Spiti valley was easily my favorite route in all of the Himalayas; I loved the feeling of immense solitude that came from going hours without seeing anything or anyone, and I had two wonderful homestays with various women which showed me a small window into what life above 4,000m looks like. The road through Spiti valley is notoriously rocky, but it’s worth every ounce of energy dispensed to be isolated in these high beautiful mountains.
Distance: 950km (Manali to Shimla).
Time needed: Three weeks.
Highlights: Dhaba tea stalls and small villages, isolated cycling, beautiful camping.
Road surface: Very rough (rocky) in parts.
Traffic: Very little.
Best season: June – October; Completed late October 2013.
Water/food availability: No problem, carry a few days of food at a time.
Solo female: Safe – for me, this was where I felt safest in all of India, and because I was alone, I got two amazing homestays I never would have had if I was with a boy. Like in most places, they are still very confused by the fact that you are alone so don’t flaunt it and be smart about where you camp, though out here, it was easy to camp without a soul in sight.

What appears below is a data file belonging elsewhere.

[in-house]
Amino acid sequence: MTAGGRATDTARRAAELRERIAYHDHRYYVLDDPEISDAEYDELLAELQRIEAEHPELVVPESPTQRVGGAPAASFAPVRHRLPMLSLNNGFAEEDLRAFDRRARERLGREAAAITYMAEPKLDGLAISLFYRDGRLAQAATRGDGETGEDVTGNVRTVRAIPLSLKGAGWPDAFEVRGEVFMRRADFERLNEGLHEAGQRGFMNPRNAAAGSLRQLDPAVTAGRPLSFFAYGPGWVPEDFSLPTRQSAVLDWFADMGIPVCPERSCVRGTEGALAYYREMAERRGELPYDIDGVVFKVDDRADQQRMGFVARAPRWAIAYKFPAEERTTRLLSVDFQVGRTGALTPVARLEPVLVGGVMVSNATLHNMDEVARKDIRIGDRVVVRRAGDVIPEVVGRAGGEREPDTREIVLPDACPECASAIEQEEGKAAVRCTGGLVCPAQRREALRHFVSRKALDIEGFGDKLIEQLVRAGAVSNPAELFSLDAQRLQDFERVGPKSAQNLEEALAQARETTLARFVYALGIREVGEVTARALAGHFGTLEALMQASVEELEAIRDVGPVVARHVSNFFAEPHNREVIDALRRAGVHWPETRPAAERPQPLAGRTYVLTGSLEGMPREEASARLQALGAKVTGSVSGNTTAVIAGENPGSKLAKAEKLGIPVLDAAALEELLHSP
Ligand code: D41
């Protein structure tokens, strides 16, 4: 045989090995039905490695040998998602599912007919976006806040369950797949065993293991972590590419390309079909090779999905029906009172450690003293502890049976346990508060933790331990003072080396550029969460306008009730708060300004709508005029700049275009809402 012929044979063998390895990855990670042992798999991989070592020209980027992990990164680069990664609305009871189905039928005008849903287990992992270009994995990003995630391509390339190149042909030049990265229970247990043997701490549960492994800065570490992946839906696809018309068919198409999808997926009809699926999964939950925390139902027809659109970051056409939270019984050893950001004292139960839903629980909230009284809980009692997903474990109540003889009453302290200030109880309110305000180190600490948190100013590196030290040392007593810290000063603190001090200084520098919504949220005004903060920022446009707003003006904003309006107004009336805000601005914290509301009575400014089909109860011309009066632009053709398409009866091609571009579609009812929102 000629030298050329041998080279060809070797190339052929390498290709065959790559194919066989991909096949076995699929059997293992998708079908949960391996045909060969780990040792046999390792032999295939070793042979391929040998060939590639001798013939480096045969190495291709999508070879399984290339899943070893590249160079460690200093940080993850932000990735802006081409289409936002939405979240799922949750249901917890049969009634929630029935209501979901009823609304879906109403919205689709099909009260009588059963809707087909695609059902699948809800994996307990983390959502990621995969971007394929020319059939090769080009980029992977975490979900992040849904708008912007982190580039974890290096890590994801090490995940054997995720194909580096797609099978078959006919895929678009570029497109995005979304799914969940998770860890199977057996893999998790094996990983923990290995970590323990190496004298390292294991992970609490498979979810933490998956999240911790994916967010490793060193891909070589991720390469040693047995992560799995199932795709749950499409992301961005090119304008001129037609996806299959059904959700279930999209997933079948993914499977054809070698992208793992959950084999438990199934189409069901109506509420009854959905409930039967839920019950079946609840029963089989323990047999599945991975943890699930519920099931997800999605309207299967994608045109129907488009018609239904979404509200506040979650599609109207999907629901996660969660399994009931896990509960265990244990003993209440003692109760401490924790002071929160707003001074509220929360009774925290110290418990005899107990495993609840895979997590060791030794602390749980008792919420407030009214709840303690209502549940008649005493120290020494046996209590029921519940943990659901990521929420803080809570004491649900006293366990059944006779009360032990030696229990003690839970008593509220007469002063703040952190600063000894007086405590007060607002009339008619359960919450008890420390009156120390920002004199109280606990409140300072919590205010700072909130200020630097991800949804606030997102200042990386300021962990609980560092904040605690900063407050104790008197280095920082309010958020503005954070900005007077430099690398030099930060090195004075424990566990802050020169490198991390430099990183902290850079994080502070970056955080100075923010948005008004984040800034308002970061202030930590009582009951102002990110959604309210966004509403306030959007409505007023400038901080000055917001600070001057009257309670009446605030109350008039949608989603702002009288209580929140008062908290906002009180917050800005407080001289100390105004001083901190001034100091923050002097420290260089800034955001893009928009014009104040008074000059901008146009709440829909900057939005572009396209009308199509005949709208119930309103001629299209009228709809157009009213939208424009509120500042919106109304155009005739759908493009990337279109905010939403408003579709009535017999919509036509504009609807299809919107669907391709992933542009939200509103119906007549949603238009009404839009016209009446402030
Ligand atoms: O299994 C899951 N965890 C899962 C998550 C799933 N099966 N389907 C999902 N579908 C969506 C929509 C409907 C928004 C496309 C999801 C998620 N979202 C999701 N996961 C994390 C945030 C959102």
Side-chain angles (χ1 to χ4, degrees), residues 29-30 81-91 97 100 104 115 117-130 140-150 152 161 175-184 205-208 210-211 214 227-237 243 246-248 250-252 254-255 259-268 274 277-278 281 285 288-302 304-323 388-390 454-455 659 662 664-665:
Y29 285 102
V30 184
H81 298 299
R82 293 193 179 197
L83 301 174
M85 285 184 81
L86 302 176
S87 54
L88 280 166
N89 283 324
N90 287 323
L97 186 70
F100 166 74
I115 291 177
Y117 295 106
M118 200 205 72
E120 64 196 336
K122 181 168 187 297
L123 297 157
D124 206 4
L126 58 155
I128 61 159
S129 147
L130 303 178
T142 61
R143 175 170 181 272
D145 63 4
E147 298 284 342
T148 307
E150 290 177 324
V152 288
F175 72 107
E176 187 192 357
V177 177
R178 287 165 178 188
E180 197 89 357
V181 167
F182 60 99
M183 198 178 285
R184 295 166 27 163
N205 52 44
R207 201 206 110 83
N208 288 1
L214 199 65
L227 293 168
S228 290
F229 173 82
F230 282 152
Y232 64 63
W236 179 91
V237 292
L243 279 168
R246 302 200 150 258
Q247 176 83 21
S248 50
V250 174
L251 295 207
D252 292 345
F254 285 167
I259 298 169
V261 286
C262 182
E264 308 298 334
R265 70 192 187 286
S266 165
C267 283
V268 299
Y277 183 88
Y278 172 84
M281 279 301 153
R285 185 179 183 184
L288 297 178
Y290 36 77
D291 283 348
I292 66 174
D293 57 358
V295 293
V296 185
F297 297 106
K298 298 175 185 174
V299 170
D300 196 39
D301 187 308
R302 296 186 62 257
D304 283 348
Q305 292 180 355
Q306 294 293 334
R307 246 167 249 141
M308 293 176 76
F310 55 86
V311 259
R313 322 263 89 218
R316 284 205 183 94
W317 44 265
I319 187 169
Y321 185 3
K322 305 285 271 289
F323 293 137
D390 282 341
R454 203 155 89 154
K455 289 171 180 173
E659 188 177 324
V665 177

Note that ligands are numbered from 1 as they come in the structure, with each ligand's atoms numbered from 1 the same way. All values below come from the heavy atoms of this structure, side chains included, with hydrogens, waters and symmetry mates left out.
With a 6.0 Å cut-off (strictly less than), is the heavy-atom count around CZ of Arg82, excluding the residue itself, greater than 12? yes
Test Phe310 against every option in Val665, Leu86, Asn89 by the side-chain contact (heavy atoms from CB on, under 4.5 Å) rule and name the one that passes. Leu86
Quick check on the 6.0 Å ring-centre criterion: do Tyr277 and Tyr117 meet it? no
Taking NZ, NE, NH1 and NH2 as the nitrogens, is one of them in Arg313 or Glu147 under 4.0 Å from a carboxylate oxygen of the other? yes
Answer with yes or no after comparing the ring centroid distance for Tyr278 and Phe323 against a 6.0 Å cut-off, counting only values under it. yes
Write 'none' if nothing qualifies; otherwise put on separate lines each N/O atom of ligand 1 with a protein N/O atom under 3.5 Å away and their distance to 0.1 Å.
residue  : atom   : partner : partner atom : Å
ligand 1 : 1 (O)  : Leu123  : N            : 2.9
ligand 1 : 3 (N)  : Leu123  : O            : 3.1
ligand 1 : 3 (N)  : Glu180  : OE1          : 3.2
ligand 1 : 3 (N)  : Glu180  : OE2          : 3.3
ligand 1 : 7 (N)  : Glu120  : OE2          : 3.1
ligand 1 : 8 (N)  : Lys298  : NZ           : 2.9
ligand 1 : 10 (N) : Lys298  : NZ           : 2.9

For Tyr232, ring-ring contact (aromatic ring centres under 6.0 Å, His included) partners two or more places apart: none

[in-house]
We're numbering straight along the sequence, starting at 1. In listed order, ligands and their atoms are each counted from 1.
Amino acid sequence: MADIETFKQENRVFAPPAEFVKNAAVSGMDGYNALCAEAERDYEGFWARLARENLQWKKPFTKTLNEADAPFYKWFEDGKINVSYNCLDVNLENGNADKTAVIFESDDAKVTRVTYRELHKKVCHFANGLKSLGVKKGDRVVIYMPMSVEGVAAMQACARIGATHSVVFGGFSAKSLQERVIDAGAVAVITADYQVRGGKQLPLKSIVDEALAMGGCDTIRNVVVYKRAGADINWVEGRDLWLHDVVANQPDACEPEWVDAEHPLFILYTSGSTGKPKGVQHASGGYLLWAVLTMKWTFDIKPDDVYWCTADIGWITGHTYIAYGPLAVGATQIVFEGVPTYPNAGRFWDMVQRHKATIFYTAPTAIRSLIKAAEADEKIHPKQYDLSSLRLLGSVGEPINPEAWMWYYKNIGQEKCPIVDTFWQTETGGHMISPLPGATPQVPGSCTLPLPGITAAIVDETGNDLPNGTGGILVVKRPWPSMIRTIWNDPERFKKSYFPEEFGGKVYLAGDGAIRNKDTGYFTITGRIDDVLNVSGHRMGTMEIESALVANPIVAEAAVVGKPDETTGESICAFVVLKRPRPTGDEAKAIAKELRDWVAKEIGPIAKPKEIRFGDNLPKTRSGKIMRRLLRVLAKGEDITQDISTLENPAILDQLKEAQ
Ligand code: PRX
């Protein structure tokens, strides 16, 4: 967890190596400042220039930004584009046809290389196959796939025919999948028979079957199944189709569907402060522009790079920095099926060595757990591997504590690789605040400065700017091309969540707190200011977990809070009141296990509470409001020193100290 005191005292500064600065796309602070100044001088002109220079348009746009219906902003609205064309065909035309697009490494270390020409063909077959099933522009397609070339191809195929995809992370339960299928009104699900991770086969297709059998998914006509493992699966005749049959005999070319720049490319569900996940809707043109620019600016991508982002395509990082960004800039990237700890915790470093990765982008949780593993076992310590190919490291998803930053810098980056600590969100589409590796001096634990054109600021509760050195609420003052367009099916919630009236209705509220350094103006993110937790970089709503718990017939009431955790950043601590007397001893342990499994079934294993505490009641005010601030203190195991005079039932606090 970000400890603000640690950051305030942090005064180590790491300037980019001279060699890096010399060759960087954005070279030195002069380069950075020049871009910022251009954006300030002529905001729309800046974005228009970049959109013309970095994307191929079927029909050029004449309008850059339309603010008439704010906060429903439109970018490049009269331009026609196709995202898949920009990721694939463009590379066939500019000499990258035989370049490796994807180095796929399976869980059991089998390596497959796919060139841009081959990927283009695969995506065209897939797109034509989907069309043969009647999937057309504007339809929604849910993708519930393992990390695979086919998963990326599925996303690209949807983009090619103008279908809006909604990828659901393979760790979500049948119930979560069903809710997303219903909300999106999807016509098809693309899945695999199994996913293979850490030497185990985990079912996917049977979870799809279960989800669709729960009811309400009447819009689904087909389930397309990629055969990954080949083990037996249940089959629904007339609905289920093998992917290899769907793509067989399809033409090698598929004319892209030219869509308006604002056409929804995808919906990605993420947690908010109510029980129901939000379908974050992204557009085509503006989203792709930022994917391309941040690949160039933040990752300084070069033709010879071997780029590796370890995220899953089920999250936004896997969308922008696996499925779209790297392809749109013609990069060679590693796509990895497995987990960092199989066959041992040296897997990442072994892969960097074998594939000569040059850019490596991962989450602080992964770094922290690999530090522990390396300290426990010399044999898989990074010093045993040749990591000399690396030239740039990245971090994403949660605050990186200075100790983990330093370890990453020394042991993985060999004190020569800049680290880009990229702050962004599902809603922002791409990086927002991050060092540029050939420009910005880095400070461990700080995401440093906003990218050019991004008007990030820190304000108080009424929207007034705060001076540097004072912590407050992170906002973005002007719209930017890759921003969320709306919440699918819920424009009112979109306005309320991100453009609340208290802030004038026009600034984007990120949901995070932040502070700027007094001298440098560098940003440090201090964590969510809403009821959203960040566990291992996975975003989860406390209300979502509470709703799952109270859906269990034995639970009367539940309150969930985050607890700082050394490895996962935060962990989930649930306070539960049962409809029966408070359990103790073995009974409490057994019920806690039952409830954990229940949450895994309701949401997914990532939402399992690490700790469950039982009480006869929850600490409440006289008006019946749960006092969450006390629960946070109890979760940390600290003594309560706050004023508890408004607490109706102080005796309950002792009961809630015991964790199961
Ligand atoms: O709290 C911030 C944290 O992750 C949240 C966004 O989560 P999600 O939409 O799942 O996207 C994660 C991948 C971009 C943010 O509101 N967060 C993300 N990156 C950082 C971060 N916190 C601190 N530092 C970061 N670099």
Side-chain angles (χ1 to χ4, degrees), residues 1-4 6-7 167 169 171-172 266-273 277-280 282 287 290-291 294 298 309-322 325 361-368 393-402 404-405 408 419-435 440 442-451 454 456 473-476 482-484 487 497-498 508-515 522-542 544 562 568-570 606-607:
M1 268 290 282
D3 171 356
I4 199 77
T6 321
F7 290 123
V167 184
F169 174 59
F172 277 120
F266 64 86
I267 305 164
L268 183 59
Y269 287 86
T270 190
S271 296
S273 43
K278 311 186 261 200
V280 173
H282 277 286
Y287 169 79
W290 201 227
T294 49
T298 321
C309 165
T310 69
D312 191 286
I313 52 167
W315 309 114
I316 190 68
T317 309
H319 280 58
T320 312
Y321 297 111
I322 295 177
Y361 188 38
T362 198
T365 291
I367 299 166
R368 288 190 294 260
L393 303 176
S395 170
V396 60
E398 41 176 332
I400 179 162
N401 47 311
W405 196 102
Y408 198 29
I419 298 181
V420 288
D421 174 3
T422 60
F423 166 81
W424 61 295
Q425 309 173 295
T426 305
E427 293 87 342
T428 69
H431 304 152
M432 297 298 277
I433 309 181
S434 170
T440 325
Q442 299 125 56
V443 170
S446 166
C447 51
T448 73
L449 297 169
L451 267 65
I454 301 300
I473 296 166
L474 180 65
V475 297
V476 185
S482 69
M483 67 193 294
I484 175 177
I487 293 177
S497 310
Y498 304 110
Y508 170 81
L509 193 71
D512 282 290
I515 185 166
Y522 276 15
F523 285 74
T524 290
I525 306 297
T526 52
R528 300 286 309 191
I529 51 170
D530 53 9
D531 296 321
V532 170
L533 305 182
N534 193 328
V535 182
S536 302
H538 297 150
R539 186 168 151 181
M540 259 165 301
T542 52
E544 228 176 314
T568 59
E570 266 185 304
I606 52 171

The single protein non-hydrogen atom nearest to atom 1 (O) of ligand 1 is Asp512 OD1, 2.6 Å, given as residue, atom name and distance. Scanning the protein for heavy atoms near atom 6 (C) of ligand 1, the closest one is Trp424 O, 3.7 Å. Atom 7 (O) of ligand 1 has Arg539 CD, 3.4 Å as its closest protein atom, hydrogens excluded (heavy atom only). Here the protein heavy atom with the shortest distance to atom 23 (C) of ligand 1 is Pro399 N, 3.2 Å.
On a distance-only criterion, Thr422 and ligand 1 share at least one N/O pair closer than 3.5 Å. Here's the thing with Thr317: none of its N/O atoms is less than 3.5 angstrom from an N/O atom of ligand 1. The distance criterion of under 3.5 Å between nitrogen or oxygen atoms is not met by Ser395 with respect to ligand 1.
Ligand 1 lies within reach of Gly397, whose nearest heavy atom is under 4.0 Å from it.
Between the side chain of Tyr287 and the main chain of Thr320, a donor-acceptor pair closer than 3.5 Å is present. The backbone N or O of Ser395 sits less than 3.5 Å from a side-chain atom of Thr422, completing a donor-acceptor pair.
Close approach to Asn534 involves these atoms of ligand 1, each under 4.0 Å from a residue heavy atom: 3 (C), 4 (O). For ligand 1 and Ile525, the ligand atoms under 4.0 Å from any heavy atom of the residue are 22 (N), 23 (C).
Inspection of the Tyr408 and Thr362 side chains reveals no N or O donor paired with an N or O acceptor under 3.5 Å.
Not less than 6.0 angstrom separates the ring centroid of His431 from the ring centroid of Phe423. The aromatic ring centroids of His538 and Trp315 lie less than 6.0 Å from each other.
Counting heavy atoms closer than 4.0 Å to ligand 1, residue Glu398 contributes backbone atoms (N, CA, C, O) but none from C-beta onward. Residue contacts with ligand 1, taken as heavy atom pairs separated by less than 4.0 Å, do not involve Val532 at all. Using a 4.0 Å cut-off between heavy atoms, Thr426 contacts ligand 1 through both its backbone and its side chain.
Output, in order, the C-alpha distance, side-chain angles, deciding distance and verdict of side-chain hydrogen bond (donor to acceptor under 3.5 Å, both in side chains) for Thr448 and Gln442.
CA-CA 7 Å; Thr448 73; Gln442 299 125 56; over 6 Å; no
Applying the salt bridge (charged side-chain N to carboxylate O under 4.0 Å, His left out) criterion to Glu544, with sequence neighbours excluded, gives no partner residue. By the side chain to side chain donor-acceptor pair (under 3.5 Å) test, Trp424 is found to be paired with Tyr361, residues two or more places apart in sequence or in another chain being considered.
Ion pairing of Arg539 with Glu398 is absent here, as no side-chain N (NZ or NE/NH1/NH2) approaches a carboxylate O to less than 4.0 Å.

Overall difficulty: Difficult due to horrible rocky road, though never steep like in the Andes.
Camping throughout this region is very easy as most of it is uninhabited. It’s also possible to sleep in the stone tea dhabas for a dollar or two which is a good option if it’s snowing or raining.
As with most of India, it was easy to travel throughout this region on 5$-10$ a day. A plate of rice and dal is one to two dollars, as is a night in one of the makeshift stone tea stalls.
I did the side trip (15km?) to Chantetal lake which I really enjoyed. Right before the cut off there is a “famous” stone tea stall run by an older Tibetan couple who are extremely friendly and have been setting up their shop seasonally for over thirty years.
Many cyclists have the book (or copies/photos of the book) Himalaya By Bike which is a great resource. I used the web site the author of the book created which also has great information, and can be found through this link.
Just before and after hitting Manali, in the foothill of the Himalayas once I had left the great snowy peaks, I had two of the best homestays on my whole trip. I stayed for one night in a small slum community at the side of the road when I was caught out without a place to sleep as the sun was setting (there was no flat ground around as it was so hilly), and then I stayed for over a week with an absolutely lovely family who really adopted me as their daughter and friend after I bought fruit them on the side of the road.
Feel free to comment with your own thoughts, corrections, or updates in order to help others looking to complete this route too.